An administrator is someone who sets up or maintains the system for end users. Usually he is an Admin user in the backend and/or has shell access to the server. He creates Typoscript templates, installs and removes extensions, configures extensions to fit the editors / webusers needs and cares for updates and patches of the source. An administrator is someone who works with TYPO3 in the first line but focused on the backend.
A developer is someone who creates extensions and/or core parts of the system. This is not to be mistaken with someone who creates templates, design or things like that. A developer is someone who works for TYPO3 in the first and second line.
To get started quickly and painlessly, we have prepared installer packages. Furthermore, there is a special guide on installation for first-timers.
You may notice, however, as you begin to install your TYPO3 site, that your local / favourite ISP may not support the System Requirements for TYPO3. The best option is to change from hosting providers to another from our list of dedicated TYPO3 hosters. To be able to run TYPO3 you need a so-called WAMP or LAMP environment which consists of:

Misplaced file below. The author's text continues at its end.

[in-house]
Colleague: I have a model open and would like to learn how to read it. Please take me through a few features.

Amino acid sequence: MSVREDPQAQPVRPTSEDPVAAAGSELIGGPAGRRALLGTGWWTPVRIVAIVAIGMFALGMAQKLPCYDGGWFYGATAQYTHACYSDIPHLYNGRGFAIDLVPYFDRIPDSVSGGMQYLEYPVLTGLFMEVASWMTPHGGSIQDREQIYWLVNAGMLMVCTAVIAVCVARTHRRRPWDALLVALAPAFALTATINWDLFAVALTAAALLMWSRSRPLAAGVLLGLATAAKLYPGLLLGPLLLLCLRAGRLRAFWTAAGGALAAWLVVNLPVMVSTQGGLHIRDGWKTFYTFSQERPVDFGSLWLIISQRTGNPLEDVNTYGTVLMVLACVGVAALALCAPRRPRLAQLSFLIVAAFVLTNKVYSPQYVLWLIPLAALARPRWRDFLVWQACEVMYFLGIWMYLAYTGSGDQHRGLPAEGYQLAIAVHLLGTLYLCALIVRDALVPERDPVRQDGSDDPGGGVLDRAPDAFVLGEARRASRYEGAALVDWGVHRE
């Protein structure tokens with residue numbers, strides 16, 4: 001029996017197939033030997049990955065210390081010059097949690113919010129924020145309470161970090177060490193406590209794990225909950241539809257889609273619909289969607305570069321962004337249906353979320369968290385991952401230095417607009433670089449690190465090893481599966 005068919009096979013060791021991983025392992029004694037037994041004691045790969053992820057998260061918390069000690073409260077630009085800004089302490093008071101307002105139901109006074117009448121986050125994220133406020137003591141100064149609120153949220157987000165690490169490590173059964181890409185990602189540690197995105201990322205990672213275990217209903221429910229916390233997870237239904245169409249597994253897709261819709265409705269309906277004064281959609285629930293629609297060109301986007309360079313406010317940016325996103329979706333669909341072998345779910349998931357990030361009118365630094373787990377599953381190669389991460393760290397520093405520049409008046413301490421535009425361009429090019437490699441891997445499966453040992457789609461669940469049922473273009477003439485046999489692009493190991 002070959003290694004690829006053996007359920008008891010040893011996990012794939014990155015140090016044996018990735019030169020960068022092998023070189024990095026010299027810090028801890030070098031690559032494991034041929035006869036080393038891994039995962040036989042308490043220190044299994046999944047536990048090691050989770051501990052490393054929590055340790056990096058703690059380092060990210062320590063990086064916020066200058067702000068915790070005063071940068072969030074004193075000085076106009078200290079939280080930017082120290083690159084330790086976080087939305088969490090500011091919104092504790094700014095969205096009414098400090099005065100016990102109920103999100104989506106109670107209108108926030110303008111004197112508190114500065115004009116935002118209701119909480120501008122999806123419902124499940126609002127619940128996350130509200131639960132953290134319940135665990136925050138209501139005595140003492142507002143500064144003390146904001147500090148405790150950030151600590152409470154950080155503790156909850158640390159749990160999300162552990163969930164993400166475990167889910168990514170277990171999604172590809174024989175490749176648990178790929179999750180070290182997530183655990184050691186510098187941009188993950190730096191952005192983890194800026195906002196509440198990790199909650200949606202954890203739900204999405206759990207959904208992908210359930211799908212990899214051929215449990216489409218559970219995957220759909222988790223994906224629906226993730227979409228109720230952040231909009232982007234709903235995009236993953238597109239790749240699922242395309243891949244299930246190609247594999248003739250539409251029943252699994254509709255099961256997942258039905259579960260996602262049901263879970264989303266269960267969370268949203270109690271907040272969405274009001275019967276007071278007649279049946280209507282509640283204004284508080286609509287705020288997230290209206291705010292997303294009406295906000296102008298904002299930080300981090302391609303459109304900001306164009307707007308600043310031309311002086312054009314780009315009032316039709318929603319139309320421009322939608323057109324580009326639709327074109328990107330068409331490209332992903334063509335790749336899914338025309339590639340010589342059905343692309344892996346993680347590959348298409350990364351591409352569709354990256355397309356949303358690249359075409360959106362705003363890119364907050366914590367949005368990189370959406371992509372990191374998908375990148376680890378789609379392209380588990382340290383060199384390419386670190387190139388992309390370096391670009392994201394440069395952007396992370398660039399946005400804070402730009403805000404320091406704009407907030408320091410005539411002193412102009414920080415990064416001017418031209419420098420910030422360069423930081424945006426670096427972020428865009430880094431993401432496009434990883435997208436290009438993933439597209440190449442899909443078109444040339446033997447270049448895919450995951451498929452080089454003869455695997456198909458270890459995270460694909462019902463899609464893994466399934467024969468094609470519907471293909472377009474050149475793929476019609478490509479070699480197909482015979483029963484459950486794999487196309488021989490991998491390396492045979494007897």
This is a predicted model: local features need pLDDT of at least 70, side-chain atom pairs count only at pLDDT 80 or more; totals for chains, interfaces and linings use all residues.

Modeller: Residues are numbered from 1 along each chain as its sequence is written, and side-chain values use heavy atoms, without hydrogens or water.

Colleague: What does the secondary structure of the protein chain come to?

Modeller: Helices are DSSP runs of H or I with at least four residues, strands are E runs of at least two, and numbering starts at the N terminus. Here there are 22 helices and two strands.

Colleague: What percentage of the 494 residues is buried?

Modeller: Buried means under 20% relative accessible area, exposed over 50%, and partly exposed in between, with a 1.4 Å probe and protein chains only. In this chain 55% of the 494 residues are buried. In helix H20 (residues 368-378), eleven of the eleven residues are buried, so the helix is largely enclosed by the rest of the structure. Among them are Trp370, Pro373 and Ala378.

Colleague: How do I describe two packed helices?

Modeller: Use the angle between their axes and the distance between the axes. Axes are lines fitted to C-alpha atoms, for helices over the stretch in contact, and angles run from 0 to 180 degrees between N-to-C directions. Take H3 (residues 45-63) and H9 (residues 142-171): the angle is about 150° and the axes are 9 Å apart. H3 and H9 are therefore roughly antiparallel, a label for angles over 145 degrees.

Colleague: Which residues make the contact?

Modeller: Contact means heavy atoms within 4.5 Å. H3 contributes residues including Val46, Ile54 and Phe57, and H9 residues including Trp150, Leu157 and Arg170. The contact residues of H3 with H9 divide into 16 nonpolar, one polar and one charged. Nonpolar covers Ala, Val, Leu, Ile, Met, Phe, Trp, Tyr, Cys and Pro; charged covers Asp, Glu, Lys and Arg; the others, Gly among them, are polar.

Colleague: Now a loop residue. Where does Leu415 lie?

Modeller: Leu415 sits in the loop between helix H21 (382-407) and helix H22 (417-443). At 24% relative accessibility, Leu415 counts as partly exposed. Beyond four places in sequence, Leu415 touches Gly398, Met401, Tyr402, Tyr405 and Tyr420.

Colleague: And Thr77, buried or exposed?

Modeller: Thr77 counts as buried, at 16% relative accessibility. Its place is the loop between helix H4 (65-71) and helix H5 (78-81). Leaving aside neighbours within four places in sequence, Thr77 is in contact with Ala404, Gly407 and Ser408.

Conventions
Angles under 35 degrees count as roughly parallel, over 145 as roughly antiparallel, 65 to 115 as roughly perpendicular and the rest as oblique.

- Webserver (typically Apache, httpd.apache.org)
- PHP scripting support (http://www.php.net)
- MySQL database (http://www.mysql.com)
PHP needs more than the default 8MB memory-limit which a bunch of discount web hosters still apply. Graphics manipulation requires some extra libraries (ImageMagick) and compile-time settings for PHP. Find out more about this in TYPO3 Installation Basics.
We have prepared a "Getting Started" tutorial (available in many languages) that will help you getting started with TYPO3 website creation. These tutorials are relatively easy to follow and give you a first glimpse into how things work internally in TYPO3. Think of this first document as an introduction, not a quick-start guide. It is best to go right on to other documents and tutorials after working through "Getting Started."